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mon·ey (mŭnē)
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n. pl. mon·eys or mon·ies
1. A medium that can be exchanged for goods and services and is used as a measure of their values on the market, including among its forms a commodity such as gold, an officially issued coin or note, or a deposit in a checking account or other readily liquefiable account.
2. The official currency, coins, and negotiable paper notes issued by a government.
3. Assets and property considered in terms of monetary value; wealth.
4.
a. Pecuniary profit or loss: He made money on the sale of his properties.
b. One's salary; pay: It was a terrible job, but the money was good.
5. An amount of cash or credit: raised the money for the new playground.
6. often moneys, monies Sums of money, especially of a specified nature: state tax moneys; monies set aside for research and development.
7. A wealthy person, family, or group: to come from old money; to marry into money.
Idioms:
for (one's) money
According to one's opinion, choice, or preference: For my money, it's not worth the trouble.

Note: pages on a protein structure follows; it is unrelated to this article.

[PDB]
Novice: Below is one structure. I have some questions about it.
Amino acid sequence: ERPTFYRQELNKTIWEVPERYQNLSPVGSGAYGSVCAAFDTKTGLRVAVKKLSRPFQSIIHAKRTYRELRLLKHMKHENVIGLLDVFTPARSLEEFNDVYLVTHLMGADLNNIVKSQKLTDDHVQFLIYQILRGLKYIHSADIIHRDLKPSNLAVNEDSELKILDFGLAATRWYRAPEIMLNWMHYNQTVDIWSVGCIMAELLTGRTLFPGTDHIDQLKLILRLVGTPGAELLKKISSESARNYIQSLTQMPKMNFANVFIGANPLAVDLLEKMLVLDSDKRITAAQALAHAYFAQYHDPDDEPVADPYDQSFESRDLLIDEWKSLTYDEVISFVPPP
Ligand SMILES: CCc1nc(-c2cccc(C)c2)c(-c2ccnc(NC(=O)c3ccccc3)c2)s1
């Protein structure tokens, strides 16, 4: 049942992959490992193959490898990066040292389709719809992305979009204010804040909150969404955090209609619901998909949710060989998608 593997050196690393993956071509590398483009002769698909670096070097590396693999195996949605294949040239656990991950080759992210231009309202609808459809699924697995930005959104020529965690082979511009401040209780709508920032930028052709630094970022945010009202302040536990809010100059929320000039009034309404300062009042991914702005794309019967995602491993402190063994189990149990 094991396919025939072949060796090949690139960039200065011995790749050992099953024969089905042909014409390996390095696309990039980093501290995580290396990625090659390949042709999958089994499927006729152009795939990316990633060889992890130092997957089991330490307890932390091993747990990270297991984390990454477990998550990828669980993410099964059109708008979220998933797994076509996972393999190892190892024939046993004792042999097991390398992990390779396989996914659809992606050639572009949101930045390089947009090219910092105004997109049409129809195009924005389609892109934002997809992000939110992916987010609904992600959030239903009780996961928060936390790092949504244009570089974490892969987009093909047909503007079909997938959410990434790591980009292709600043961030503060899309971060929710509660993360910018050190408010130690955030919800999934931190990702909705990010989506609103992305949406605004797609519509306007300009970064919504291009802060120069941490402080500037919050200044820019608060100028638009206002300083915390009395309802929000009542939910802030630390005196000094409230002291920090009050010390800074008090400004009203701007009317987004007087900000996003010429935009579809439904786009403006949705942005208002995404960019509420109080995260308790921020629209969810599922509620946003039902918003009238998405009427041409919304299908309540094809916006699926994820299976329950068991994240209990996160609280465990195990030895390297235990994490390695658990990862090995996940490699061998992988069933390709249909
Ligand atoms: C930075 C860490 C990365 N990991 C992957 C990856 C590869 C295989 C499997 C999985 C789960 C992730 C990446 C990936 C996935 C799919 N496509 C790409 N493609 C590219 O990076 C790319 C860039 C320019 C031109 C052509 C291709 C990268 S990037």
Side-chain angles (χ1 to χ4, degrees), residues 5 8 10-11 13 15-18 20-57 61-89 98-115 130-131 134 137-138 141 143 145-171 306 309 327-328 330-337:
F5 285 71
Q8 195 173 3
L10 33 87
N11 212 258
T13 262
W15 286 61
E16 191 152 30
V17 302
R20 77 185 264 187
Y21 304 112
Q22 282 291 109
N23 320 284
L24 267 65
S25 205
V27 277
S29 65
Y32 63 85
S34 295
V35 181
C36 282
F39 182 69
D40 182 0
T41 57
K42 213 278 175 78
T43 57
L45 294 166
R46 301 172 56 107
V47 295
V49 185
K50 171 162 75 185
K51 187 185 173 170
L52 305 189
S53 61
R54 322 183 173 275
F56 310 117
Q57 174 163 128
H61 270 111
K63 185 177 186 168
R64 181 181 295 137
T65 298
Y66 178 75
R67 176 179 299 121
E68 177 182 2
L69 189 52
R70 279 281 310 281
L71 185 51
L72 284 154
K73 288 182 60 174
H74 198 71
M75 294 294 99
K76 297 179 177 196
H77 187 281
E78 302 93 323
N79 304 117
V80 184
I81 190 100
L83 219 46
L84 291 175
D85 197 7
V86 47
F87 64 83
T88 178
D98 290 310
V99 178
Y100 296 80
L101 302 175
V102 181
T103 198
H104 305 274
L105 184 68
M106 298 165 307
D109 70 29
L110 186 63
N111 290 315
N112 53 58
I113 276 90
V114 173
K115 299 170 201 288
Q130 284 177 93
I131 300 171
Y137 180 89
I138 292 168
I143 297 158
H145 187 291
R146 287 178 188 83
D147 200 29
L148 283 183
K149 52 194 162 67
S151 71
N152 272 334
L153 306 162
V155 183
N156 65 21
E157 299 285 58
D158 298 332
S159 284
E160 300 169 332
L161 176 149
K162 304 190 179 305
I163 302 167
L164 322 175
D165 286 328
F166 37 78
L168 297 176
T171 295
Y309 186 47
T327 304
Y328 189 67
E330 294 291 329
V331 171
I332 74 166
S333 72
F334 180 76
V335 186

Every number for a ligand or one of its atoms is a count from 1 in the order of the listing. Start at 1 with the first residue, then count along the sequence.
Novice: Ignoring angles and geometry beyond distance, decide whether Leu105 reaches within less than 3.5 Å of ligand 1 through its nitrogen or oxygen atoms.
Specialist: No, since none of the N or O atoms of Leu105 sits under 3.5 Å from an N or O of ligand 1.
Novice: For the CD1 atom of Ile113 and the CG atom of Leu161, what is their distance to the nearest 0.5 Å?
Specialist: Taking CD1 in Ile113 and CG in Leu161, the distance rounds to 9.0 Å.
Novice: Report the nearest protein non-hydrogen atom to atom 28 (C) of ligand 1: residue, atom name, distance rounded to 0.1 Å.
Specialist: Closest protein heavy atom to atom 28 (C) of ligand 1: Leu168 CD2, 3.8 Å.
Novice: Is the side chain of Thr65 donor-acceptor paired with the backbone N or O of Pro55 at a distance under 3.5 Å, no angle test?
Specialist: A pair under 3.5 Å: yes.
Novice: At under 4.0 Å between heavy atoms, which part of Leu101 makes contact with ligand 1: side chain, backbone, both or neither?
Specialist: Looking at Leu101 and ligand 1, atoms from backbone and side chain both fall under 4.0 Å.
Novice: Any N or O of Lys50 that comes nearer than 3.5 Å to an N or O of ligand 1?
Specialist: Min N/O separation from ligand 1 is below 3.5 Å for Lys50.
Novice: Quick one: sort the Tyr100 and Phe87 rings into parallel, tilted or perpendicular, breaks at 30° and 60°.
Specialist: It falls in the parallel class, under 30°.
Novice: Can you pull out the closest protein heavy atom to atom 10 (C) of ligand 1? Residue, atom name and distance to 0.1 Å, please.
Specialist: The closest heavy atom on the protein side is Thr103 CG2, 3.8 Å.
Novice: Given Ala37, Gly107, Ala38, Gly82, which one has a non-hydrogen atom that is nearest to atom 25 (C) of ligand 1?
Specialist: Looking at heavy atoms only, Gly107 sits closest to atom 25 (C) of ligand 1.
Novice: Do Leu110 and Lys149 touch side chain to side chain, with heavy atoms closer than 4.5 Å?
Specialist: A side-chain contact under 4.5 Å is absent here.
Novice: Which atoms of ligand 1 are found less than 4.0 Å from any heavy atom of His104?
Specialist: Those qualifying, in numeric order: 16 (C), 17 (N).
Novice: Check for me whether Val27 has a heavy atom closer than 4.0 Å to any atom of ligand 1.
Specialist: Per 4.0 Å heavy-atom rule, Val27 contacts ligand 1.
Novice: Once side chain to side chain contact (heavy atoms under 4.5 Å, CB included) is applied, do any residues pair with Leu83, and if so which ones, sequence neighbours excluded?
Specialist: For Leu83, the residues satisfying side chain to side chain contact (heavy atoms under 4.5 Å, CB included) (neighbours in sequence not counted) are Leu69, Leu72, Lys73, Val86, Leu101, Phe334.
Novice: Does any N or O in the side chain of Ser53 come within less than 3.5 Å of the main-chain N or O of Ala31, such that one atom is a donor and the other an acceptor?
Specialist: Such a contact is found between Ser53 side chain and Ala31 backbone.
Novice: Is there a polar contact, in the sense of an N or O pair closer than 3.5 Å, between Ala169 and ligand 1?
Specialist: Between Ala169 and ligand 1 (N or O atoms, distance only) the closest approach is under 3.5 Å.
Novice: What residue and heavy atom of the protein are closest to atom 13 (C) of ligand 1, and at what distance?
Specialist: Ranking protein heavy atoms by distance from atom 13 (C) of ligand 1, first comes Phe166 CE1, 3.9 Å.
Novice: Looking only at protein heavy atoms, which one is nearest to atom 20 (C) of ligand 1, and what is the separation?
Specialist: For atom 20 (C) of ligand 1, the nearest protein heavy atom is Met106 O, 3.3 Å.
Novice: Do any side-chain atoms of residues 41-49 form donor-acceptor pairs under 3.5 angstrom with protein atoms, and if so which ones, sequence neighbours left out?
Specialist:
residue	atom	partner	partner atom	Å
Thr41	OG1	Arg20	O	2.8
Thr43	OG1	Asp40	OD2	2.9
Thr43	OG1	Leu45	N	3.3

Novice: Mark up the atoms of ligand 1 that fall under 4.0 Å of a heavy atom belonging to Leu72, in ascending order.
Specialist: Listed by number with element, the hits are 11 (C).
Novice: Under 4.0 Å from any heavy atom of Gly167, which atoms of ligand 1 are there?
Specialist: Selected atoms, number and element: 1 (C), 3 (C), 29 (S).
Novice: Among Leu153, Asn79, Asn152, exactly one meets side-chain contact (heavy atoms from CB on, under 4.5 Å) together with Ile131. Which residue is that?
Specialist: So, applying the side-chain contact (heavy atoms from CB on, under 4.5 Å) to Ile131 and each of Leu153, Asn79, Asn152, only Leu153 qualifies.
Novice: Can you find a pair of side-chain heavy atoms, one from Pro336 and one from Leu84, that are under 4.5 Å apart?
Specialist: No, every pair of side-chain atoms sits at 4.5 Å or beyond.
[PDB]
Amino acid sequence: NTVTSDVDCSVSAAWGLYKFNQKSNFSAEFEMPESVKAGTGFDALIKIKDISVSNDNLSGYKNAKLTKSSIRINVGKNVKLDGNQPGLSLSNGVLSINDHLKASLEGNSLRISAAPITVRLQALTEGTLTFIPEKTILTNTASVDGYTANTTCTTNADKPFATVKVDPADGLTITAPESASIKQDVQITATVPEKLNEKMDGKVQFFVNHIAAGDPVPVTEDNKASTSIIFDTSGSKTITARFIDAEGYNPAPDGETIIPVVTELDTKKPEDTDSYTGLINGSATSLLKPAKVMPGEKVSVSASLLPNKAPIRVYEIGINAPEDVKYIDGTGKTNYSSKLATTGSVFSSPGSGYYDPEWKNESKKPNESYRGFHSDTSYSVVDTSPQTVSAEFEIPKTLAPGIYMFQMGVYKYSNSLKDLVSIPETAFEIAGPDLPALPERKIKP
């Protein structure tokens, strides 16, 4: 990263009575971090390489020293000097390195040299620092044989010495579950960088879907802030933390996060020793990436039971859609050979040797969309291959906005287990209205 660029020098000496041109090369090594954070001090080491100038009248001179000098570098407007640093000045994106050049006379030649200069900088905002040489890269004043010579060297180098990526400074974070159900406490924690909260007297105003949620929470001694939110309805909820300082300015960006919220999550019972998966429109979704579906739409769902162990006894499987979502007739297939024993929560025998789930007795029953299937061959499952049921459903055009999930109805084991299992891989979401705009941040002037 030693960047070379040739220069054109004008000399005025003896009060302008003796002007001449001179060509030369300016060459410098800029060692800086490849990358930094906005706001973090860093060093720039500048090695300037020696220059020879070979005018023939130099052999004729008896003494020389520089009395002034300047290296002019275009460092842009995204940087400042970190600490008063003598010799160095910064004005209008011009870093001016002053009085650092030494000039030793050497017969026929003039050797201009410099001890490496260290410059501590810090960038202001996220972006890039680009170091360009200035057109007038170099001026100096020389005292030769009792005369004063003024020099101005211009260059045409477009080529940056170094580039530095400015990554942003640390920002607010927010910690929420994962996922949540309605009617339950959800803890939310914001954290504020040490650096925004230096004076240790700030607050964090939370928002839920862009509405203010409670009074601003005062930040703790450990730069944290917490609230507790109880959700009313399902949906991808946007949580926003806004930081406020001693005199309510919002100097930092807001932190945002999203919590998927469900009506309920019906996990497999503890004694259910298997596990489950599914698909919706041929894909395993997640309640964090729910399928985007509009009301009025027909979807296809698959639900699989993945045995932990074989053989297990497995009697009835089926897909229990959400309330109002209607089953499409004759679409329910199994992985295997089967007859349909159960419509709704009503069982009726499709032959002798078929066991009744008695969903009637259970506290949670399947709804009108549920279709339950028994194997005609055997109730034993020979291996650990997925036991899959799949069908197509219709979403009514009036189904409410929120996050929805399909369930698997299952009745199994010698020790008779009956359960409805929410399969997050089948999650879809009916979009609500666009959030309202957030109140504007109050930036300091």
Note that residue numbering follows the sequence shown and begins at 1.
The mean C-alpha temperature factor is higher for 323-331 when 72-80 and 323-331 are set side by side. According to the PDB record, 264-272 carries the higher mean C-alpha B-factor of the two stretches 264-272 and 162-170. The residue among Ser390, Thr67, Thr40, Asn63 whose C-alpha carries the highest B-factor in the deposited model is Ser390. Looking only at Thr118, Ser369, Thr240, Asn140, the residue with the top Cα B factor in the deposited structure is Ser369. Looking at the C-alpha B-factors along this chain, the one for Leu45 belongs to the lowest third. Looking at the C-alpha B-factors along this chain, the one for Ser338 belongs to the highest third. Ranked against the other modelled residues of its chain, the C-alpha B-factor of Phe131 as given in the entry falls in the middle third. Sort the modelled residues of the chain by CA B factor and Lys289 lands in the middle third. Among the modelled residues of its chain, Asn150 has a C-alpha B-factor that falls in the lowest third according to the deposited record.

in the money
1. Slang Rich; affluent.
2. Sports & Games Taking first, second, or third place in a contest on which a bet has been placed, such as a horserace.
on the money
Exact; precise.
put money on Sports & Games
To place a bet on.
put (one's) money where (one's) mouth is Slang
To live up to one's words; act according to one's own advice.

[Middle English moneie, from Old French, from Latin monēta, mint, coinage, from Monēta, epithet of Juno, temple of Juno of Rome where money was coined.]

The American Heritage® Dictionary of the English Language, Fifth Edition copyright ©2016 by Houghton Mifflin Harcourt Publishing Company. All rights reserved.
 

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